After being some time at sea, the men grew sickly, and on our way a great many were taken sick, and I was among the number. I had the nervous fever. When we arrived at Halifax, our times were out; but I was so unwell, that instead of returning home, I was obliged to go to the hospital. I told my friends that were discharged, as we parted, that they would never see me again, for I was very sick and out of my head -- and no one thought I could live long. I remained in the hospital some time, but was so deranged that I cannot tell exactly how long. I had my reason, however, by turns; and in one of these intervals, I remember perfectly well, Doctor Matthews, the surgeon of our regiment, had me brought into his room, and tried to make me drink some sour punch, but I told him I could not. He asked me if I did not love it when I was well. I told him I did. At another time I came to myself so much as to know that the body lice were eating me up, and told one of those who waited on me, to heat a tailor's goose which was in the room, and iron my blanket on both sides, which he did, and it turned it as red as blood.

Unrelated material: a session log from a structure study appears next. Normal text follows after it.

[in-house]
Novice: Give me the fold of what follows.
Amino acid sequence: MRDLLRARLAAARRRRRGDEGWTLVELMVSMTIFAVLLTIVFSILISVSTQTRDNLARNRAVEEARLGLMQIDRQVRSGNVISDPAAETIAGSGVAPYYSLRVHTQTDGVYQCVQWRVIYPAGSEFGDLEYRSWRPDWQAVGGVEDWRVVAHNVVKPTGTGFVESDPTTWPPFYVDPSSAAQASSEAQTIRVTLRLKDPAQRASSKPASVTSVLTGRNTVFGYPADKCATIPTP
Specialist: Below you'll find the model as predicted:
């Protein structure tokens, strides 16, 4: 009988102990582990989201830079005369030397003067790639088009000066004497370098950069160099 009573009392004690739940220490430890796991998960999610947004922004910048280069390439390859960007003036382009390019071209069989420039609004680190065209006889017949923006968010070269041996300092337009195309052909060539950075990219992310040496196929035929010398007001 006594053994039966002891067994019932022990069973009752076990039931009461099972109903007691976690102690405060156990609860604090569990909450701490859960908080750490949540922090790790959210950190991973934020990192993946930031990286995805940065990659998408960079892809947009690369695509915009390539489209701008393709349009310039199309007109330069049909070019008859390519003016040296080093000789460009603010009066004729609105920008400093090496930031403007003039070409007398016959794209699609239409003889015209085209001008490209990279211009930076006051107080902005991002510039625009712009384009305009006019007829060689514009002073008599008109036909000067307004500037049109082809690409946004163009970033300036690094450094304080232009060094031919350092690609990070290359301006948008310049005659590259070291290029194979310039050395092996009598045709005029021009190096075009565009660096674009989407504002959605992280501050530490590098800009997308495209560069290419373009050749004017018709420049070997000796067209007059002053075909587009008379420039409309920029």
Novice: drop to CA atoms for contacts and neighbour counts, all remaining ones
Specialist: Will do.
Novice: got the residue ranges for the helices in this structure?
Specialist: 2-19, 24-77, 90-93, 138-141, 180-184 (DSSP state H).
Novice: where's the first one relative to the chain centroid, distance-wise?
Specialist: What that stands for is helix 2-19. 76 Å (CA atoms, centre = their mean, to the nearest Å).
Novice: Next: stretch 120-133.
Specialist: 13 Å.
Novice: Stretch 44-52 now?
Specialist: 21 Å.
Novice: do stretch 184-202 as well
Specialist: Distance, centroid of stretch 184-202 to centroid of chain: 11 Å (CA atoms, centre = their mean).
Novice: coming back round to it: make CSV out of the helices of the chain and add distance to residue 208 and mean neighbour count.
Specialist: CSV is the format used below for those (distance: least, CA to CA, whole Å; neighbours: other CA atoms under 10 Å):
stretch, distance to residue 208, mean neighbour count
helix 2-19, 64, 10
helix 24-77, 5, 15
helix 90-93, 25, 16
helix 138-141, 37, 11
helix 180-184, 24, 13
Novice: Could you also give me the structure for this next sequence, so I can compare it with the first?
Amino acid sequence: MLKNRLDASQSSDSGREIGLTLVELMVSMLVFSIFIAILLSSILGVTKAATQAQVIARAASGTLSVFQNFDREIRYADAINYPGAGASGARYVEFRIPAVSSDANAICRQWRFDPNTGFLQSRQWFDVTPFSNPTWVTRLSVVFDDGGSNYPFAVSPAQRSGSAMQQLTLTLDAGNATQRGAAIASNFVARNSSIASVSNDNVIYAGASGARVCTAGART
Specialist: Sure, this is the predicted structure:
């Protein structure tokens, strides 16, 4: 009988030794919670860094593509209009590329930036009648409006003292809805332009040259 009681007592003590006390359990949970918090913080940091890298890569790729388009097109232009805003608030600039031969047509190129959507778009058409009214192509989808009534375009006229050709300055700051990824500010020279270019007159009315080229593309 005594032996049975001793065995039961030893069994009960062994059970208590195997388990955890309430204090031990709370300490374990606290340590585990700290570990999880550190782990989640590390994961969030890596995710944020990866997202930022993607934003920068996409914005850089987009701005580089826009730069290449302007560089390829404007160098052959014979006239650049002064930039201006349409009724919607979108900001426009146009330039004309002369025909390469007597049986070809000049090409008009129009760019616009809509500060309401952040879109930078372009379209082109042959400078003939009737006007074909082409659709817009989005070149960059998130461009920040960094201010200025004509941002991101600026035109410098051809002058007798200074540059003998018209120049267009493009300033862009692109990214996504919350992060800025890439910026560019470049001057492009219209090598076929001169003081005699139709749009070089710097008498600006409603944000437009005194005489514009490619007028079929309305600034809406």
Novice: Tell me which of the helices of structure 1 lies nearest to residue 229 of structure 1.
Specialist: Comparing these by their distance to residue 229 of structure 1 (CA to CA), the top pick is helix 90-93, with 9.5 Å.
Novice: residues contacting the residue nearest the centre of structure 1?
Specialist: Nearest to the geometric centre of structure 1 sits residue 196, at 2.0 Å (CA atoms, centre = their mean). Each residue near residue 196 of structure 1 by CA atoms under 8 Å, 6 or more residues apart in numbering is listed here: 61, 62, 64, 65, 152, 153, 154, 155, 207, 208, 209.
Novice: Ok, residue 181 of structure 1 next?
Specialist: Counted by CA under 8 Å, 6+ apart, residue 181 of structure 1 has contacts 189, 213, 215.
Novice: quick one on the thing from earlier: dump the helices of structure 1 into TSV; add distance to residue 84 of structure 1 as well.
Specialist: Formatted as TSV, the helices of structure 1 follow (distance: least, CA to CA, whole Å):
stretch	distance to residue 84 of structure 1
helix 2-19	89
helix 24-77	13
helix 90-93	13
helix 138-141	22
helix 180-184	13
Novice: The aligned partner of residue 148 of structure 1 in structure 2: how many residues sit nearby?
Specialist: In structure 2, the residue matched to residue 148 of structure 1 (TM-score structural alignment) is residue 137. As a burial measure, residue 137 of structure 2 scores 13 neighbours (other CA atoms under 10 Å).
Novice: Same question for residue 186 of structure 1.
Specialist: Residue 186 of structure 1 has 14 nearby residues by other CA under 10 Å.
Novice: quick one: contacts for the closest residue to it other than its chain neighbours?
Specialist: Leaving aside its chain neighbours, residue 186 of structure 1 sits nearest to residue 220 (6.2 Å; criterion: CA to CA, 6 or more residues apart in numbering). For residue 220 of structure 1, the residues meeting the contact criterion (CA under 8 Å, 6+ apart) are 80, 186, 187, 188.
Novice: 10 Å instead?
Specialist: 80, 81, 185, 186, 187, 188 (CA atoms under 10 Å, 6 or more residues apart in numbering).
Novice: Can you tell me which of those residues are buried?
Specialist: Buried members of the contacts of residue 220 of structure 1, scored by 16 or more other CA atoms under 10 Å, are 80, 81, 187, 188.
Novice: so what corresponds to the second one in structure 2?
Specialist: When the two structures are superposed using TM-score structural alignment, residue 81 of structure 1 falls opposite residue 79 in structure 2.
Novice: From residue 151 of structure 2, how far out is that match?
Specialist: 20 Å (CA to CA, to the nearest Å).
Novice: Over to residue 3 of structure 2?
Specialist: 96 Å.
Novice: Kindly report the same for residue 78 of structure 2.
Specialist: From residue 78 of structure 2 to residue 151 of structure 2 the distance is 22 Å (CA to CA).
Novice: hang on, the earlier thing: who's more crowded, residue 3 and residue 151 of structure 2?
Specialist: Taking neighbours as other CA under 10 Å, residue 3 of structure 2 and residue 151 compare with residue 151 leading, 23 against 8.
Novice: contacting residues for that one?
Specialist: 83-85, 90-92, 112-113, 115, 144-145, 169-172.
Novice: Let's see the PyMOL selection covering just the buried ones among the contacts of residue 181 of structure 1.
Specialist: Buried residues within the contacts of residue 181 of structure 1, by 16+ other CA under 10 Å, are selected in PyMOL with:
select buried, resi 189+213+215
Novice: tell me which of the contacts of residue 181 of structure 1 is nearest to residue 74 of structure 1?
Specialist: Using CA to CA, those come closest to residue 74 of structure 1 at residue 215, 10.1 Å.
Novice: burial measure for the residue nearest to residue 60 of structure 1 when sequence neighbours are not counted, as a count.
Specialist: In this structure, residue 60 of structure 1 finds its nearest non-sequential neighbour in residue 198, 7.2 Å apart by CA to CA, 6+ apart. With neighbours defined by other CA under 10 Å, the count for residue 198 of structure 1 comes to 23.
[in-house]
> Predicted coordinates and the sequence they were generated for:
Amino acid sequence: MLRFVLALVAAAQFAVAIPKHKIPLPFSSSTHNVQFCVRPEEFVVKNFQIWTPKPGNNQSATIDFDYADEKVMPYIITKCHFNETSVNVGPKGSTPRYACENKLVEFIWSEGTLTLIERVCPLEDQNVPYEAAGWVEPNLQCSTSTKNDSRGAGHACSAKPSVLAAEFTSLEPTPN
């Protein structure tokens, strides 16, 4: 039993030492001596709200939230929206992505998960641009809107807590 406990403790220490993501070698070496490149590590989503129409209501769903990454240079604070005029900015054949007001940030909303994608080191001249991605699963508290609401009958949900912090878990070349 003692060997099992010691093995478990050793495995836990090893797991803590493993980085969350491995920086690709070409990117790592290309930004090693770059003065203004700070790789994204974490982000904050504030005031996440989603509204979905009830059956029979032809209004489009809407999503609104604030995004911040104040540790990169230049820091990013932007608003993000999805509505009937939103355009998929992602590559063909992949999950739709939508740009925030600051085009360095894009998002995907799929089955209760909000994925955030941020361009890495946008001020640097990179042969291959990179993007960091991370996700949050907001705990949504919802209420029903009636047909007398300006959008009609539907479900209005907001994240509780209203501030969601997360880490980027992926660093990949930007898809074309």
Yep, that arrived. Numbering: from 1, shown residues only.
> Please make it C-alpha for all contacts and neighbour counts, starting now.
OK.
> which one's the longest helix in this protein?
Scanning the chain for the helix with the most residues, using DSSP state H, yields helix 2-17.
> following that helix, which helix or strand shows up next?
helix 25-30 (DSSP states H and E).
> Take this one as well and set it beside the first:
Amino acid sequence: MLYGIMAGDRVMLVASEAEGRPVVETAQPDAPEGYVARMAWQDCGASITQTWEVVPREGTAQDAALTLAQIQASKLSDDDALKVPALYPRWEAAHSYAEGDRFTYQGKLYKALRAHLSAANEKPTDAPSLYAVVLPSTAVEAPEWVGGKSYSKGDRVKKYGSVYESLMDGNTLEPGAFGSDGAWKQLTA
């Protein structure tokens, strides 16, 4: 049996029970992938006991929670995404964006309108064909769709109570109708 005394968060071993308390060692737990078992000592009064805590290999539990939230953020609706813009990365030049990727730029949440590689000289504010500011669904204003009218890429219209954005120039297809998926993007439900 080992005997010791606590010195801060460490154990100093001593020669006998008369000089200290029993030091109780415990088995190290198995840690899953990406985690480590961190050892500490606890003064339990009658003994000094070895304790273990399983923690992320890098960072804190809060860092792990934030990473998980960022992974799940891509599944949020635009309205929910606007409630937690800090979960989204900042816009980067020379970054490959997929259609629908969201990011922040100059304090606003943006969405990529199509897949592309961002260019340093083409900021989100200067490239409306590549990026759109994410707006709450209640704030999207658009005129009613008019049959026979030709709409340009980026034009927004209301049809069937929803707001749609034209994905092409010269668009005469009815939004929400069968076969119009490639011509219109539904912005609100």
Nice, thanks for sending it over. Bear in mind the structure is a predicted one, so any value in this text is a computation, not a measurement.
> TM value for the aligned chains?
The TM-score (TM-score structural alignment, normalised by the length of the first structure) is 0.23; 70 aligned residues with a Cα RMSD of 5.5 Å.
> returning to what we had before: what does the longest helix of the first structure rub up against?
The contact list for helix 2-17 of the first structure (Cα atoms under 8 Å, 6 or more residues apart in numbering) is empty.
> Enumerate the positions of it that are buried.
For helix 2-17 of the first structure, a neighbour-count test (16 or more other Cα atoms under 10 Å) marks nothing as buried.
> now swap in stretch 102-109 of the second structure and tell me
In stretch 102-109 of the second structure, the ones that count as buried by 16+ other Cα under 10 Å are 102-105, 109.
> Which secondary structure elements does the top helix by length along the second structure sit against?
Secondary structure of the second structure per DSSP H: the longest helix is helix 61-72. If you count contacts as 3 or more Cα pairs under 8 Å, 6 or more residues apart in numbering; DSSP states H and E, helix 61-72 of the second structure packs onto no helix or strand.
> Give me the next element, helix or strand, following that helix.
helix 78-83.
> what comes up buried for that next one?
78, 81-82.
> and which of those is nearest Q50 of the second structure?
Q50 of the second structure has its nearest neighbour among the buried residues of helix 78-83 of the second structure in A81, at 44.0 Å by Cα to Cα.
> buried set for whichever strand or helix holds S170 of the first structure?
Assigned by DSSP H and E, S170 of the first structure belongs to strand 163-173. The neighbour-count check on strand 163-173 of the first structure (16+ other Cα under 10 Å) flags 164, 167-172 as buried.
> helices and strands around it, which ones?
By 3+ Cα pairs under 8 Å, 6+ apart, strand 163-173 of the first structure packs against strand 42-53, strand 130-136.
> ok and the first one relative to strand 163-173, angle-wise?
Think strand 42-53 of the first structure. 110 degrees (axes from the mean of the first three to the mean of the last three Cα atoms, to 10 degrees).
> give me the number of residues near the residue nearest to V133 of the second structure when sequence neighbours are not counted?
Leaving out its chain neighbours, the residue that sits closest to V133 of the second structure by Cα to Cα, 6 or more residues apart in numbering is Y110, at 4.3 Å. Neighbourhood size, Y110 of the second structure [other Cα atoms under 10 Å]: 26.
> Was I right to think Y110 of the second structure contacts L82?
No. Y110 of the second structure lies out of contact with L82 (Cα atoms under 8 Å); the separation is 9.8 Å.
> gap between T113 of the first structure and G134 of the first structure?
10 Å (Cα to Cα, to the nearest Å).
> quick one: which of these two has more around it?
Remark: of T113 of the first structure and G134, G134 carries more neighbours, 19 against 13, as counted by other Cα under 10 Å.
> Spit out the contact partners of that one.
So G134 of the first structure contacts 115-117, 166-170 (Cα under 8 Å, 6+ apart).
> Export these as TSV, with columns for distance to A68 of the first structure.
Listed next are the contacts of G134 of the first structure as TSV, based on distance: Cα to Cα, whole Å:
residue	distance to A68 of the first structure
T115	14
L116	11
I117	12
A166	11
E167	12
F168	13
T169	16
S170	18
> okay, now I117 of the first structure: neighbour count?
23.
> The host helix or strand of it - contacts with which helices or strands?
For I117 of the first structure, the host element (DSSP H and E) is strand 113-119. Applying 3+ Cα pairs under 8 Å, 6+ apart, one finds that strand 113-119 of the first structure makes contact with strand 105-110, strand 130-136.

Capt. Barron staid with us all winter, and the British gave him a Lieutenant's commission in the standing army, for his valor in taking Flagstaff-Hill at Newfoundland. He came to see me, and I told him I wanted to go home. He asked me if I would not have staid, if I had been well. I told him, no. He then said he would see that I was put a-board the first vessel that sailed for Boston. He asked me if I had any money. I told him I did not know what had become of my money or clothes; upon which he took from his pocket a cob dollar and gave it me, but what became of it I never knew. -- The Captain was as good as his word, for in a few days after I was put a-board a vessel for Boston. I do not know the name of the Captain, nor how long I was on the passage: but I remember they once took me up on deck, it being a very pleasant day, and combed my head, and my hair all rolled off.